Teenage Nutrition

Posted by Gill O'Shea30th June 2021

It is important to support your teenagers health by developing a good relationship with food. Avoid judgement around food, and here is my advice and tips for concerned parents:

Don’t talk about food as Healthy, junk, treat, good, bad etc. Chocolate is chocolate and a treat is going to the cinema with a friend.

When there is judgement around food there is judgement for eating. 

Negative emotions from eating is not health promotion behaviour

Provide a variety of all food at home. Including vegetables, fruit, bread, pasta, eggs, beans, cake, meat, chocolate etc.

If you don’t serve it, then your kids can’t eat it. 80% of our food is eaten at home if we include packed lunches.

Its about nutritional intake as well as having a good relationship with all food.

Perfection isn’t the goal when feeding and raising teenagers. There is nothing wrong with store bought or take-out food if they allow for enjoyable family meals that wouldn’t happen otherwise.

All day grazing does not make teenagers comfortable around food, but scheduled meals will help them avoid developing habits such as sneaking food, snacking all day, eating until they are overfull.

Instead of having an all-night grazing policy, maybe a scheduled evening snack 1 to 2 hours before bed every evening will help with meeting your teenager’s nutritional requirements 

Teenage growth is totally personal and looks different for everyone including siblings.

Be careful of your language about food around teenagers. For example many believe that lower calories means “healthier” which is definitely not the case, and may affect the way we eat and overall nutrition

Nutrition messages are everywhere and they are not always positive. Our teenagers often believe that salad is good, bread is bad, sugar is addictive, fat can be bad and good at the same time…..and these messages are everywhere on social media, TV, even food packaging.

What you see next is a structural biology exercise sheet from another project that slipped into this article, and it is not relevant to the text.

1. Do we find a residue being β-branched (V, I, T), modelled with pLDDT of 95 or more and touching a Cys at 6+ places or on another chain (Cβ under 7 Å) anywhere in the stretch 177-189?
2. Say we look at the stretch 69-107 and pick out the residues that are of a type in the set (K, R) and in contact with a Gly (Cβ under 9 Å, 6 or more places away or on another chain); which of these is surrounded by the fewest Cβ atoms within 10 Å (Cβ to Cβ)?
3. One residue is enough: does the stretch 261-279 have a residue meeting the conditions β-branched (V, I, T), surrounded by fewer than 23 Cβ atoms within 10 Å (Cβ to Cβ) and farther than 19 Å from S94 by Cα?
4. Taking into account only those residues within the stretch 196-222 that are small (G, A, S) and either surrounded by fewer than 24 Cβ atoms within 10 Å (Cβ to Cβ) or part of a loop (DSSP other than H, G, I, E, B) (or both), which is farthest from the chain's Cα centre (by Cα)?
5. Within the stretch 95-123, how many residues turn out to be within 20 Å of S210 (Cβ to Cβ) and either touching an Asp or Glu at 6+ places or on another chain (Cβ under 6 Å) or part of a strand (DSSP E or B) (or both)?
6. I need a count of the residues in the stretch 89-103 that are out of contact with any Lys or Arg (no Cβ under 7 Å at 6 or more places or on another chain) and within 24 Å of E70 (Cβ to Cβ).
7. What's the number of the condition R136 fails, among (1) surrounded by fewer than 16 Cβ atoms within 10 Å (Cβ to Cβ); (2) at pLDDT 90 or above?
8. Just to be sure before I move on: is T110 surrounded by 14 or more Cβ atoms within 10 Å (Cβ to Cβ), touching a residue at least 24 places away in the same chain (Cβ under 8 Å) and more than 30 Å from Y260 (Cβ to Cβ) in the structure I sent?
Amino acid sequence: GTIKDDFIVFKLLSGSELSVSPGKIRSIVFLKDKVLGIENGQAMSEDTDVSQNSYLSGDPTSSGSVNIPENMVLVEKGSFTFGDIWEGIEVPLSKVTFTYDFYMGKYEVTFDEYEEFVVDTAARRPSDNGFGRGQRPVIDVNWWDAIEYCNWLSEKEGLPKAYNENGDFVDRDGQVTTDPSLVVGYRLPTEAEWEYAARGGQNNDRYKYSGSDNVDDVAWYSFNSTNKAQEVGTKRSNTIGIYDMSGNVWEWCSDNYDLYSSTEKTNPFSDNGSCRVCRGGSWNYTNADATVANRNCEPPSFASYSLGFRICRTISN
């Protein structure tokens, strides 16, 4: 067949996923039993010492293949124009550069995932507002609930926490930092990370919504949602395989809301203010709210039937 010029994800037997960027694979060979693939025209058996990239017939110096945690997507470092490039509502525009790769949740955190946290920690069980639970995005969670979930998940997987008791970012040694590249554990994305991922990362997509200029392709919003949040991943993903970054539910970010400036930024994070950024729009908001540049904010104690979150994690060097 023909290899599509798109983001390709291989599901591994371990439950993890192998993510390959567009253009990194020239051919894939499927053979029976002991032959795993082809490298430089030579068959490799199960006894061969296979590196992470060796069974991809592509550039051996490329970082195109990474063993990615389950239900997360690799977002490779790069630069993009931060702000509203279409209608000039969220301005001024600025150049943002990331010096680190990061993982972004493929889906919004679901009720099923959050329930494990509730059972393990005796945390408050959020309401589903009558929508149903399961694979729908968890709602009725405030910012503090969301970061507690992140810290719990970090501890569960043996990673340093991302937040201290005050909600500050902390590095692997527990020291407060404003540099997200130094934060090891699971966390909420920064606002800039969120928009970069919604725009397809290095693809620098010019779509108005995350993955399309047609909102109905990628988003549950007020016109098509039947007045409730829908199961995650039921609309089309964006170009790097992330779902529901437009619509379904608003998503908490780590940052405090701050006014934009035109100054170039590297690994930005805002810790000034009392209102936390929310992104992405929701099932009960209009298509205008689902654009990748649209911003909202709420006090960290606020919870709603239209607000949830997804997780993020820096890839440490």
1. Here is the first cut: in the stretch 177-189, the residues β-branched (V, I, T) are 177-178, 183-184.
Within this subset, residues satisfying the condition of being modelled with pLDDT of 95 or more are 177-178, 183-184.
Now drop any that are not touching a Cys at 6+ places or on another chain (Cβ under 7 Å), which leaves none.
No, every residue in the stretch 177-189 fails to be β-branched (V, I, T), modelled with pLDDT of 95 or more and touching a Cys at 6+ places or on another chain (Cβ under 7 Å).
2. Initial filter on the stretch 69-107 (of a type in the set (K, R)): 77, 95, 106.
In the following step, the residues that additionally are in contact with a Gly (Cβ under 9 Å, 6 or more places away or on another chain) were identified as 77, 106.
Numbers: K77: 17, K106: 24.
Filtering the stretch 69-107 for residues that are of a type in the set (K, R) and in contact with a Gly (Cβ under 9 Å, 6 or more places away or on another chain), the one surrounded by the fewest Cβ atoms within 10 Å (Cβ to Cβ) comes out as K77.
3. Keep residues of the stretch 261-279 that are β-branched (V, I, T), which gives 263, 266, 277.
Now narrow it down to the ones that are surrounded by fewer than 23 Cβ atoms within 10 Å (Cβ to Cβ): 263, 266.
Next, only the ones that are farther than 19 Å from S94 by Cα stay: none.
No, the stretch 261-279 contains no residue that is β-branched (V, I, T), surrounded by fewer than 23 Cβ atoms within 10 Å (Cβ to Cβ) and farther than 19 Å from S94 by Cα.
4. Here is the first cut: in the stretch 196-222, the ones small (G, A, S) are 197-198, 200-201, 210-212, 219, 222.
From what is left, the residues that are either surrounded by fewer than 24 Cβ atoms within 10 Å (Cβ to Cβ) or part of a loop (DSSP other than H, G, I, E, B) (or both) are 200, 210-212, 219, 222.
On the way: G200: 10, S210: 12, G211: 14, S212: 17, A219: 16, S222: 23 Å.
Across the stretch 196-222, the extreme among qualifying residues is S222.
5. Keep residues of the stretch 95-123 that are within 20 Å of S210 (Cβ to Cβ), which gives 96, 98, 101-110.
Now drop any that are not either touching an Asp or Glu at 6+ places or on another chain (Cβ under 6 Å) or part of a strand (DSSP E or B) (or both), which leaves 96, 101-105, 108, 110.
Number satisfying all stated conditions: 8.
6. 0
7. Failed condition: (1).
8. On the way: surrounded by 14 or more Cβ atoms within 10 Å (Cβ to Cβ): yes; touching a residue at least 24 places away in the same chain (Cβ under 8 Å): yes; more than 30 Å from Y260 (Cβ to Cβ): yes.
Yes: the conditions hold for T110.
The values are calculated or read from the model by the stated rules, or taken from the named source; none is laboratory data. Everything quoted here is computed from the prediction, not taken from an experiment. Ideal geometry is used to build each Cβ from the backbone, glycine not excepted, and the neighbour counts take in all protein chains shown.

Some examples of the messages we should actually be giving our teenagers:

  1. Calories give our body energy and this number of calories tells us how much fuel is there. 
  2. Some people think eating tasty food is a bad thing, it’s really not something to feel bad about, because food should taste good and it’s supposed to give us energy.  When the teenagers run out to school without eating breakfast, discuss this and explain that food is important for energy and concentration at school.
  3. Point out that food doesn’t have to be earned or justified to eat and enjoy. Keep judgement away from food and eating
  4. Keep negative nutrition messages out of the house as much as possible. Try to avoid buying foods that have diet messages on them.
  5. Let everyone serve themselves from family-style meals. This gives everyone the control and opportunity to take their chosen food in amounts they need.
  6. Allow for seconds without comment. This shows you trust your teenager to eat in response to their body’s signals and needs.
  7. Talk about food neutrally. Don’t label them good/bad, healthy/junk, etc. This allows your teenager to eat all food free of guilt or shame.